More controversial was the role of Karen and the woman who played her in that original production, the popstar Madonna. Many critics debated if the character of Karen was well-written to begin with. Hudson stated in the Nation that ‘‘Madonna’s line readings are less deft than Mantegna’s (or Silver’s). . . . Still, she isn’t all bad—or if she is, it’s hard to tell: The part she’s been given is by far the least convincing of the three. . . . It is difficult to believe that someone as naive as Karen would actually be working in the movie business, and its just as difficult to believe someone like Bobby would be so easily swayed by her, despite her undeniable attractions.’’
Some critics thought Madonna’s performance had merit. Time’s Henry wrote: ‘‘Madonna’s awkward, indecisive characterization seems calculated to . . . sustain suspense by keeping the audience from reaching conclusions. Thus the question ‘Can she act?’ cannot be answered. The shrewdness in her performance is clear, but so, alas, is her thinking process: she lacks ease and naturalness.’’ Kroll in Newsweek added, ‘‘She doesn’t yet have the vocal horsepower, the sparks, and cylinders to drive Mamet’s syncopated dialogue. But she has the seductive ambiguity that makes Karen the play’s catalytic force. . . . Who better than Madonna— Virgin, Material Girl—to give embodiment to the conundrum at the heart of David Mamet’s scathingly comic play?’’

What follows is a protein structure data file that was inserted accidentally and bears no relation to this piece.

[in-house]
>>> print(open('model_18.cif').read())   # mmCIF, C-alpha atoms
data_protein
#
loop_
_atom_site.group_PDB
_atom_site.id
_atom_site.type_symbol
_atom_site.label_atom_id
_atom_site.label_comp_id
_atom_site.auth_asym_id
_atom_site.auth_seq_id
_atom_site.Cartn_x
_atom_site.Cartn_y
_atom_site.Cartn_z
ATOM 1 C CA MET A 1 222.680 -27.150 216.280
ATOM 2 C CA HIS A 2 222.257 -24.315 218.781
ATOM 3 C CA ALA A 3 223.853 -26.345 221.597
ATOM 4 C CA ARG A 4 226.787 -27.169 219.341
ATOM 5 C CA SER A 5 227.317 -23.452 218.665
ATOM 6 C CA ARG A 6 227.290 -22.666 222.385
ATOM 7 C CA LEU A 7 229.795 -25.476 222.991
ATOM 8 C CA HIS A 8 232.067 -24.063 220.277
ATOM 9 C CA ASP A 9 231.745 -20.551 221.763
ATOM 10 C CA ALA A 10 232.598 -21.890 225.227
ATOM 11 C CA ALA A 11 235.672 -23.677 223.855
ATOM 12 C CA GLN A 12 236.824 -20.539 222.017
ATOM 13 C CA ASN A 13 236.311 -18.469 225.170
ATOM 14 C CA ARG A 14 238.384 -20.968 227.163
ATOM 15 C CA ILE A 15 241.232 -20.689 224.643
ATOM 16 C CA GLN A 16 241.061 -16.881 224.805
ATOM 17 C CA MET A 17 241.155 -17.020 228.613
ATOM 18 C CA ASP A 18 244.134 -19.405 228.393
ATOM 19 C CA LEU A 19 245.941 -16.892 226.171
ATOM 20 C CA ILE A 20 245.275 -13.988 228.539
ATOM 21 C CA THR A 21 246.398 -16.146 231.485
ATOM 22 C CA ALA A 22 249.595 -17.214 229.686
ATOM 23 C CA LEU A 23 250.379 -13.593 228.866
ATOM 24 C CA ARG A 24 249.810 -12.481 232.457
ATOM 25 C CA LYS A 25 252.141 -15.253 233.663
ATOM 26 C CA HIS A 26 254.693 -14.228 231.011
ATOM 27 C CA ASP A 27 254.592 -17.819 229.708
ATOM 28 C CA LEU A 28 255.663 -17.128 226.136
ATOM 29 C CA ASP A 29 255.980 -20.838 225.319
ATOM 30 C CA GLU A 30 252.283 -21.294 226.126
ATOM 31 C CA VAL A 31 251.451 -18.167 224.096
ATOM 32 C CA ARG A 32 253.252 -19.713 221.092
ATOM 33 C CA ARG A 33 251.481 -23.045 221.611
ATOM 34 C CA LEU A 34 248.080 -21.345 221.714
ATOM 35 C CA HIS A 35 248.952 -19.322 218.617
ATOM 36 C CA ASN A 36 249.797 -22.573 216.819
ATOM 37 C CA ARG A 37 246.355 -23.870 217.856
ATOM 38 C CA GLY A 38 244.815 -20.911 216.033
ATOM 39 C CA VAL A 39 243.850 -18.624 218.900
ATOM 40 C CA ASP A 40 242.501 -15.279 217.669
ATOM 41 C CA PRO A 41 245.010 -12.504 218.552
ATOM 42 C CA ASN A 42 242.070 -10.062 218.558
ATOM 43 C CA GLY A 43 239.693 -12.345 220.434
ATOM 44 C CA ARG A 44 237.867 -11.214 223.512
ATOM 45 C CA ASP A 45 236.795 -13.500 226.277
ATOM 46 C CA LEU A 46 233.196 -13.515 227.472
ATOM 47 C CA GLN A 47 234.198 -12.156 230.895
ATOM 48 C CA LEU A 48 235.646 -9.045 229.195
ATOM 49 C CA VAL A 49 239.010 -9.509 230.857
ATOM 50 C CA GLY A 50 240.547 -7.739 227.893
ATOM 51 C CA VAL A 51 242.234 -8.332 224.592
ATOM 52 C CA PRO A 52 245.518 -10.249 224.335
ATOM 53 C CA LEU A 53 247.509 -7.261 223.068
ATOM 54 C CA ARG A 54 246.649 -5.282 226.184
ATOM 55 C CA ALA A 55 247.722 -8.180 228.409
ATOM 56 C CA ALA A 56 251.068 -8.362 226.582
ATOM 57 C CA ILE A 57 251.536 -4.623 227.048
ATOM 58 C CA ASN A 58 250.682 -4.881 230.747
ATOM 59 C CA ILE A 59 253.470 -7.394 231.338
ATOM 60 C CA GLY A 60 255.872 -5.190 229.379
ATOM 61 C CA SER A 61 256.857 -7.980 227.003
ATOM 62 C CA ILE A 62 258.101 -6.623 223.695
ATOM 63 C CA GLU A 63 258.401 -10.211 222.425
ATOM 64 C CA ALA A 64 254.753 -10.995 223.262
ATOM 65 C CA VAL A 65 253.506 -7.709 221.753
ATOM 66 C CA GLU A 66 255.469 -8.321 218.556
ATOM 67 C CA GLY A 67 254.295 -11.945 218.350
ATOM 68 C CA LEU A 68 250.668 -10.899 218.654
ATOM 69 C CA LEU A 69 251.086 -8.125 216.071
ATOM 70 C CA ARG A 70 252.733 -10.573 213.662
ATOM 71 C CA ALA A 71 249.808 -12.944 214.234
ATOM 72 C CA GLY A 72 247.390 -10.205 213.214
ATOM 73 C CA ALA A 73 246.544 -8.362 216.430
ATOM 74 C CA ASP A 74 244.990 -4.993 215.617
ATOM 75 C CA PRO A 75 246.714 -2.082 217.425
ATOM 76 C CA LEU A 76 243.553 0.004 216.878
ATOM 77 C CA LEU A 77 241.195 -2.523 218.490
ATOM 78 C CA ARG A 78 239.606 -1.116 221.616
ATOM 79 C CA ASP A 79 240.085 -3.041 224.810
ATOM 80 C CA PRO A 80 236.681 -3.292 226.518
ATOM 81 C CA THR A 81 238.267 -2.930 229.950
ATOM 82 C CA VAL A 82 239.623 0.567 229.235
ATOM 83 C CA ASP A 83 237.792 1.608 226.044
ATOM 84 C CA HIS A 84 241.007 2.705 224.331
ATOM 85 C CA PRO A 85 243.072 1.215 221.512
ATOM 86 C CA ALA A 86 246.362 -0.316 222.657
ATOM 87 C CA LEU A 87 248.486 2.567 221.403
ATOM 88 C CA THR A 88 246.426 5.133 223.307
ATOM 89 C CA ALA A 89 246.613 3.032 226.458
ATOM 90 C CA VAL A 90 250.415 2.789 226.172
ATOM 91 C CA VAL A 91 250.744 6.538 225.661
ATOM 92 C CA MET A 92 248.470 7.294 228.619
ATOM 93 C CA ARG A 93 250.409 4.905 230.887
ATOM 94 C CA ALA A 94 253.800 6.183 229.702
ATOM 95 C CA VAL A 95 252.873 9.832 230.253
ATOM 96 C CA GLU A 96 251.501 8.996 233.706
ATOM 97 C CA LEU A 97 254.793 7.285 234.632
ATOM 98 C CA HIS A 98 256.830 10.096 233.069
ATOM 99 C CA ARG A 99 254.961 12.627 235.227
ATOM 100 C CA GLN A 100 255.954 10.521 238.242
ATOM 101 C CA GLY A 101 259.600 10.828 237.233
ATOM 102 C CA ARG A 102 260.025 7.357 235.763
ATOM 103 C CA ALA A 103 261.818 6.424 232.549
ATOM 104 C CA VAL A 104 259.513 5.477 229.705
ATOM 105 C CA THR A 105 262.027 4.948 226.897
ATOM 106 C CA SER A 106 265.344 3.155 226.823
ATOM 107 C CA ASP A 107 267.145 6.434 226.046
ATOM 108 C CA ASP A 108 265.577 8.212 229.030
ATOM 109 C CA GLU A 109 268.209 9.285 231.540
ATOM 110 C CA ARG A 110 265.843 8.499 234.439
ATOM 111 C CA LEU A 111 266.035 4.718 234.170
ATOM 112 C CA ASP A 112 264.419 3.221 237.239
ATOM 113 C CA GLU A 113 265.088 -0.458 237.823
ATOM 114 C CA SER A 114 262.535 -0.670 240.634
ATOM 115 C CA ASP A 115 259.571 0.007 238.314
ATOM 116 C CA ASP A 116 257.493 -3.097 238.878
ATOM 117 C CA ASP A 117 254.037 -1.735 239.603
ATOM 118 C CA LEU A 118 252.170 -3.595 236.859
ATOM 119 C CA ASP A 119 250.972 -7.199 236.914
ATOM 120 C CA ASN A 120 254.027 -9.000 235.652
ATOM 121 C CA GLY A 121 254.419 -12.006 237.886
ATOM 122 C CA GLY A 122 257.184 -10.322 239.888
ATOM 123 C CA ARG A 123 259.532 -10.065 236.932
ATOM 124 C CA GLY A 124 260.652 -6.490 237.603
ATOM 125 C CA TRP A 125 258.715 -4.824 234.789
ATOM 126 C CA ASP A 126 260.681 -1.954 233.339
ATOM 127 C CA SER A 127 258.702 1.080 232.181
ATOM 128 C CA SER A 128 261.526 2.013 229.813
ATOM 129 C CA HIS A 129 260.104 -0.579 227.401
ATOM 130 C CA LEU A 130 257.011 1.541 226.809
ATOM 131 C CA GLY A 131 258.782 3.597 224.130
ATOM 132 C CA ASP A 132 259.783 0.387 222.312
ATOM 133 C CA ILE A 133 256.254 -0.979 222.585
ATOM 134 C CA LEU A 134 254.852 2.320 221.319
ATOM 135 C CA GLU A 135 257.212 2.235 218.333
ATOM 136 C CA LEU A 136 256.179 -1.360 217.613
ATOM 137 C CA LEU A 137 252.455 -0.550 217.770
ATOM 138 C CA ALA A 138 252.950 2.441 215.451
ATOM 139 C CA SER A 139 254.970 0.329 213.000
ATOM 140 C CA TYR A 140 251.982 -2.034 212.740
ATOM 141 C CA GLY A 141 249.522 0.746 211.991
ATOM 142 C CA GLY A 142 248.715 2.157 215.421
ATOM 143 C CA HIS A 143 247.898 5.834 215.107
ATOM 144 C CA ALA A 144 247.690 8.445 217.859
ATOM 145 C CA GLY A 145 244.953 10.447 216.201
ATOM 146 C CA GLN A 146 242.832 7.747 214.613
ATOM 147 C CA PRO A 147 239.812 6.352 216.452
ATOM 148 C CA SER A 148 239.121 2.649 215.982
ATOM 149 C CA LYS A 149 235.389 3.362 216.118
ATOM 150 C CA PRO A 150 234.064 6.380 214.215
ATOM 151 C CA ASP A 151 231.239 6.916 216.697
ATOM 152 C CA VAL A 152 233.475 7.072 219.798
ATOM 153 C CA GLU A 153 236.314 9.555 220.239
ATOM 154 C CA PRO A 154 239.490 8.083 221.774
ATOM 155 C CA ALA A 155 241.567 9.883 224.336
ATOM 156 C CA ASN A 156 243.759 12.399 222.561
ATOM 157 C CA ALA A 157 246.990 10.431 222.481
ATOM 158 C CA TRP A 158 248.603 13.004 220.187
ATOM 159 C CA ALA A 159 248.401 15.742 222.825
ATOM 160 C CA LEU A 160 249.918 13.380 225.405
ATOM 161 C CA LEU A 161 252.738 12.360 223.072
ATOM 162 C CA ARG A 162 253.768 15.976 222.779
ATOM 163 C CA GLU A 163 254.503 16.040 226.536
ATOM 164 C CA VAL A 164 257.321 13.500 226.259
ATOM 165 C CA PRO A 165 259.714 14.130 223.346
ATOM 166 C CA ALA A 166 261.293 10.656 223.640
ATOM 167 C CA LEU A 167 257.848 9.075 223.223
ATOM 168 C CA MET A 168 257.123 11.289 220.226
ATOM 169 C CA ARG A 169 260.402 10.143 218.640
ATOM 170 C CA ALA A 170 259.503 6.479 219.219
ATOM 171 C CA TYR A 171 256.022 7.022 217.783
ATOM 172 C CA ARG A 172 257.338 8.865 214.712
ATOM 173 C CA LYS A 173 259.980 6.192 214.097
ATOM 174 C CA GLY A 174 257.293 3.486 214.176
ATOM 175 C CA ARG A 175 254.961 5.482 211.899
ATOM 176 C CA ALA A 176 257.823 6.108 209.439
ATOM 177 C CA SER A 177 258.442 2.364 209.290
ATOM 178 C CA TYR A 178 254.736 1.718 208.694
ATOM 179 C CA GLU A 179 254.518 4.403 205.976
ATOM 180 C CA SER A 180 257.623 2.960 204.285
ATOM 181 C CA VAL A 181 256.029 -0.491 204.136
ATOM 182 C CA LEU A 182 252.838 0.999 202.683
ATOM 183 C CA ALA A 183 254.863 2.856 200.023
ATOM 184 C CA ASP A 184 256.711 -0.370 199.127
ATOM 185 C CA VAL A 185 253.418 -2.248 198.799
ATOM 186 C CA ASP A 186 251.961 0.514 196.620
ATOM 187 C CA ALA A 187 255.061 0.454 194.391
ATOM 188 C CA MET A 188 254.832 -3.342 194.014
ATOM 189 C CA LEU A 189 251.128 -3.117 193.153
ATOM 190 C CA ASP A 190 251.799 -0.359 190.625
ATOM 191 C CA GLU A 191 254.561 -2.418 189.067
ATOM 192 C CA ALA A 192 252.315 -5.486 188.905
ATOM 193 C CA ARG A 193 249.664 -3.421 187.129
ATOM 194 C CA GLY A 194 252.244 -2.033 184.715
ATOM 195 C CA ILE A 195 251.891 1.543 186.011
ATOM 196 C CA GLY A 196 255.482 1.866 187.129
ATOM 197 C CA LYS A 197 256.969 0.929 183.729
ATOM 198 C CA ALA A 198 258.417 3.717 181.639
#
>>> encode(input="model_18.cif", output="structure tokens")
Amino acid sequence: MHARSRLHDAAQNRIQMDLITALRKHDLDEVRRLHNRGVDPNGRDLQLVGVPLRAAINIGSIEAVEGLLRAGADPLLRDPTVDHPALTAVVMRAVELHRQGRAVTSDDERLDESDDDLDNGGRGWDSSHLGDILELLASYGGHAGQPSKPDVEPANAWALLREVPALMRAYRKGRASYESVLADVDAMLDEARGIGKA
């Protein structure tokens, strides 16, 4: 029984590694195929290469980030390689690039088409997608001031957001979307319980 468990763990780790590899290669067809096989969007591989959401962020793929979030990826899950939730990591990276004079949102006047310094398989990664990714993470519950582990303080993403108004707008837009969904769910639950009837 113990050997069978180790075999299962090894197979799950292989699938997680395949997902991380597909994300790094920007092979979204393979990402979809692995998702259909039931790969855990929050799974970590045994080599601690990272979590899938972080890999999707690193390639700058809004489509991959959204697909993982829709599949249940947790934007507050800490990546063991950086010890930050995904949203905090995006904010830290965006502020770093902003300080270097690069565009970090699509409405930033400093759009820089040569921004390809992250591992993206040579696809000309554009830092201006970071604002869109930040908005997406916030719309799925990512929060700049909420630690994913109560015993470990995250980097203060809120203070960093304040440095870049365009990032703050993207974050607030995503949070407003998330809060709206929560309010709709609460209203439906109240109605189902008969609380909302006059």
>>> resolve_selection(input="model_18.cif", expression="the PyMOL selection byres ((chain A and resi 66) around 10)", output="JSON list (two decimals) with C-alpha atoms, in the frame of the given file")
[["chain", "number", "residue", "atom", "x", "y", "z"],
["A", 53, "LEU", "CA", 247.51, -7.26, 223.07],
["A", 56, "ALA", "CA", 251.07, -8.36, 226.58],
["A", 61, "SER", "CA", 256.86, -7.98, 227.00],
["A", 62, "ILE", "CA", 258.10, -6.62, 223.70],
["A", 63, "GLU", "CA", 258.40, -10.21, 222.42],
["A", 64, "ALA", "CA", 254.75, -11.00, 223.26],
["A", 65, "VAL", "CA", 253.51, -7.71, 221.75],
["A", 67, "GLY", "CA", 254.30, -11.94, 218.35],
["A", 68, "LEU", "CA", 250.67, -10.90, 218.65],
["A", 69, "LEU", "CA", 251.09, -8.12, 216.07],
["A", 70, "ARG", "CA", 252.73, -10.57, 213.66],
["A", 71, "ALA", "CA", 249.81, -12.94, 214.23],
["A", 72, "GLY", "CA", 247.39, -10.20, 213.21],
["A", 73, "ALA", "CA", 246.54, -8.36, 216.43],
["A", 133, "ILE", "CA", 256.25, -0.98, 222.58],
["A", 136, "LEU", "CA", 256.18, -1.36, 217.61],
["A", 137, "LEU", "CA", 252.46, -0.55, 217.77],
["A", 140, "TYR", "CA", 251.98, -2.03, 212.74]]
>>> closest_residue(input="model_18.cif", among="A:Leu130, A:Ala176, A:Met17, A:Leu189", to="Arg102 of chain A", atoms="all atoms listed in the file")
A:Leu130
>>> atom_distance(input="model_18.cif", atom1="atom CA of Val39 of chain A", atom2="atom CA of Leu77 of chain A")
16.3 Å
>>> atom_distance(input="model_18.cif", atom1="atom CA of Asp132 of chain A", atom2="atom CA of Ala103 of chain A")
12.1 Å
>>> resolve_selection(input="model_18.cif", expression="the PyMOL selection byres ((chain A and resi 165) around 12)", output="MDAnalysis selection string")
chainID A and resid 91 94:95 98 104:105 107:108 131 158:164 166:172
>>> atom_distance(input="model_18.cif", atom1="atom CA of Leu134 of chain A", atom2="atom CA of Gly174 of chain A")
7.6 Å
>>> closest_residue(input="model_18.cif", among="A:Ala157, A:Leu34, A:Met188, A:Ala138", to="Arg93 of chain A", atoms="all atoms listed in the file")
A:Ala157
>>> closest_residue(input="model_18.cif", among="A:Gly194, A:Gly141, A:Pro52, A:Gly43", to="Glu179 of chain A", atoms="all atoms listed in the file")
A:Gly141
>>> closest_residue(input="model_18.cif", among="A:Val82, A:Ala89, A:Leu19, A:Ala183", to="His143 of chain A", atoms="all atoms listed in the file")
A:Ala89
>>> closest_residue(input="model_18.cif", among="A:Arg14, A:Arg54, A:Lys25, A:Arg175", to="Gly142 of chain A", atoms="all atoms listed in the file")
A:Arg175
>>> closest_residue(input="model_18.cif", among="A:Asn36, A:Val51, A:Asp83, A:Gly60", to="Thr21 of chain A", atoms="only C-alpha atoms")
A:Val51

Other critics were much less kind. The New Republic’s Brustein acknowledged Madonna’s importance as a pop star, but wrote, ‘‘Her performance is becomingly unshowy, but her modesty subdues her. . . . [She] gives a new dimension to the meaning of the word ‘flat’.’’ He concluded, ‘‘Her celebrity was bound to attract the wrong kind of attention to the play.’’ John Simon in New York argued that ‘‘she is more of a temporary hindrance whenever she is on.’’
In September 1988, when the entire original cast left the production, several critics found the new cast, which included a professional actress in the role of Karen, inferior in their interpretation of the play. Frank Rich in the New York Times wrote, ‘‘the deep, shudder-inducing chill of the original production is gone.’’ Rich went on to comment on Felicity Huffman, who took over the role of Karen. He wrote, ‘‘Mrs. Huffman’s skillful performance is in most details similar to Madonna’s . . . yet less effective. . . . Madonna’s awkardness and, yes, star presence, added essential elements of mystery and eroticism to a character who doesn’t reveal her true, shocking hand (and power over powerful men) until late in the play.’’ Simon, who had earlier dismissed Madonna’s performance, said, ‘‘though each of the trio is good, and Felicity Huffman surely better than Madonna, the work suffers.’’